DALLAS – As families count down the days to the start of the State Fair of Texas, preparations on the fairgrounds are already underway.
Finalizing a new security agreement between the City of Dallas and the State Fair of Texas, however, did not come without some strong feelings from a few Dallas City Council members on Wednesday.
“Dallas is a weird damned place to live,” said Councilman Phillip Kingston.
Kingston is among those blasting the new agreement. The plan now has the State Fair of Texas reimbursing the city $1 million in overtime for officers conducting security and traffic control.
Police administration says overtime racked up over last year’s fair cost the city about $3 million.
Kingston asked his colleagues, "Why is the State Fair not being asked to compensate the City for the full cost of the Fair?”
State Fair of Texas reimbursed the City of Dallas $550,000 for security measures in 2016, according to its staff. Police administrators support the new plan, saying it is the department’s responsibility to ensure the safety of all those in and around the fairground.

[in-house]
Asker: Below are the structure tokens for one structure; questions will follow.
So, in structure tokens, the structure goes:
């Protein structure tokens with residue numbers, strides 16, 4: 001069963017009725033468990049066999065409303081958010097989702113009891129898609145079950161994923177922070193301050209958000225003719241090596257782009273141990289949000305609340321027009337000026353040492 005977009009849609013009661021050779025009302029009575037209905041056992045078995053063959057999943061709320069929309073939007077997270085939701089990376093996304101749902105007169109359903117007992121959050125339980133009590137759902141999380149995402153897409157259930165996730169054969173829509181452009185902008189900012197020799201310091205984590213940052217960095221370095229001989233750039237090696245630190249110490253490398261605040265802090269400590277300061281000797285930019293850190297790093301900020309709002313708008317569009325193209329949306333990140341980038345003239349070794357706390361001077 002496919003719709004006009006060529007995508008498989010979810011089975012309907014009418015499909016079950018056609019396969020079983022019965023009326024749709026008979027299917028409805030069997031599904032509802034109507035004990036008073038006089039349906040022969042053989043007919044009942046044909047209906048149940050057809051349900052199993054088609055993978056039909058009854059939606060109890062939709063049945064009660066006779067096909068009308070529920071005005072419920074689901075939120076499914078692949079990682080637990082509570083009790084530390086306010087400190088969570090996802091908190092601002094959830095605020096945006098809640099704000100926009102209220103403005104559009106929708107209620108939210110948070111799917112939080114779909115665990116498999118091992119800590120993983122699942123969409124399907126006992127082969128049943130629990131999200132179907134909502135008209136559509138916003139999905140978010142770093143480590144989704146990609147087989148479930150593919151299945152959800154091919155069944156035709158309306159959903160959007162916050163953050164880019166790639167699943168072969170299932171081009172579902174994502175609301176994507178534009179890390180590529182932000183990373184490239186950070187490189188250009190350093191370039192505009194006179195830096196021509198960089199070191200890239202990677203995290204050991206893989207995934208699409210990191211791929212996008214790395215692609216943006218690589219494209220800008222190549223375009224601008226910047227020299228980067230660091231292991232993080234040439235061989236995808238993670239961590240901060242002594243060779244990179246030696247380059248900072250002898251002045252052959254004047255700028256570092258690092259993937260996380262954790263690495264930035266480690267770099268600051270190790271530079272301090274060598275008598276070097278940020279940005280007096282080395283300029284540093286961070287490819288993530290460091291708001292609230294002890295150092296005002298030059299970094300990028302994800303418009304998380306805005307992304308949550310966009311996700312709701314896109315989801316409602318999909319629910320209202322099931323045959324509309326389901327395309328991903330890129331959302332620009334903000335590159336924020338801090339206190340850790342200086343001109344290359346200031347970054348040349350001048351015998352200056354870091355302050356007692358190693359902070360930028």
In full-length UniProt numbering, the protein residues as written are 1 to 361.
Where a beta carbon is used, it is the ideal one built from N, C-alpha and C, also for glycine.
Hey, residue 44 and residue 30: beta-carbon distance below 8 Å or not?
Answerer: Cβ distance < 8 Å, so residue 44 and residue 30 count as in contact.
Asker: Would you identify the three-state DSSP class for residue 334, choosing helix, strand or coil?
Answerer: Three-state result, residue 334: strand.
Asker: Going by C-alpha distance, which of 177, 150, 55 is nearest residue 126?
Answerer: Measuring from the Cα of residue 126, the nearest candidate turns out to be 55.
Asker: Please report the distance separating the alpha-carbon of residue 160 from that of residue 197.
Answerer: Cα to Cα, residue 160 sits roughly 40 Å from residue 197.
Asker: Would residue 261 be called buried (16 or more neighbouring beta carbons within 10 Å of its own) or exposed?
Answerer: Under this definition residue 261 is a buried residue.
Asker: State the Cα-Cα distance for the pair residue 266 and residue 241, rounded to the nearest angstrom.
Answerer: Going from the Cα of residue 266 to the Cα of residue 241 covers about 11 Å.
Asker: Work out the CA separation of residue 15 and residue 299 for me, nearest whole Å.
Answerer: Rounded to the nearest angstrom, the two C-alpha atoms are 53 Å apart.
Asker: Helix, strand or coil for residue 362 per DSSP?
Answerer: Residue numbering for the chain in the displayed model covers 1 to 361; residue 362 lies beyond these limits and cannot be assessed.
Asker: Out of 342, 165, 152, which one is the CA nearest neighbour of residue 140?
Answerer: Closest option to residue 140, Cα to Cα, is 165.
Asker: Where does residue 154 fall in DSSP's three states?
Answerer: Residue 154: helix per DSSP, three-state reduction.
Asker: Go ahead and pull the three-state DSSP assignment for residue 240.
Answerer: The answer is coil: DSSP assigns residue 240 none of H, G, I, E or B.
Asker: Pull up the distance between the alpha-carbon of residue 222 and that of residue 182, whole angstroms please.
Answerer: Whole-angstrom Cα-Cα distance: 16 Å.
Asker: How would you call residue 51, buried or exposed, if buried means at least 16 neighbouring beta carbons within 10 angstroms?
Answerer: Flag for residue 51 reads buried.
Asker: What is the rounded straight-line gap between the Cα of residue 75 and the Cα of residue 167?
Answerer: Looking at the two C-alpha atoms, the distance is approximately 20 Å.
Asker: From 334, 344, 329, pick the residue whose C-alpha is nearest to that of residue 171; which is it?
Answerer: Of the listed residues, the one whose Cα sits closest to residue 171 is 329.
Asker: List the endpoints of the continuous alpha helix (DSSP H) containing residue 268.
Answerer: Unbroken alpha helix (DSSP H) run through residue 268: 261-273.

Mayor Mike Rawlings supported the new agreement. “This is a big public safety issue,” Rawlings told the council, “and a big economic opportunity for the city.”
About 2.4-million people visited the State Fair of Texas last year. The economic impact added about $300 million across the City of Dallas.
State Fair of Texas workers say in addition to the new security agreement with the city, they will also be hiring off-duty police officers, in order to ensure a safe environment.
Still, some council members believe the partnership between the City of Dallas and the fair needs to be revisited.
Council member Sandy Greyson said, "I would like to ask that we ask our staff and police to start talking to them about next year obtaining full cost recovery for police and security at the fair.”
The State Fair of Texas staff says it is committed to making sure it has a significant level of security to continue making it a family-friendly environment.
The State Fair of Texas runs from September 29 to October 22.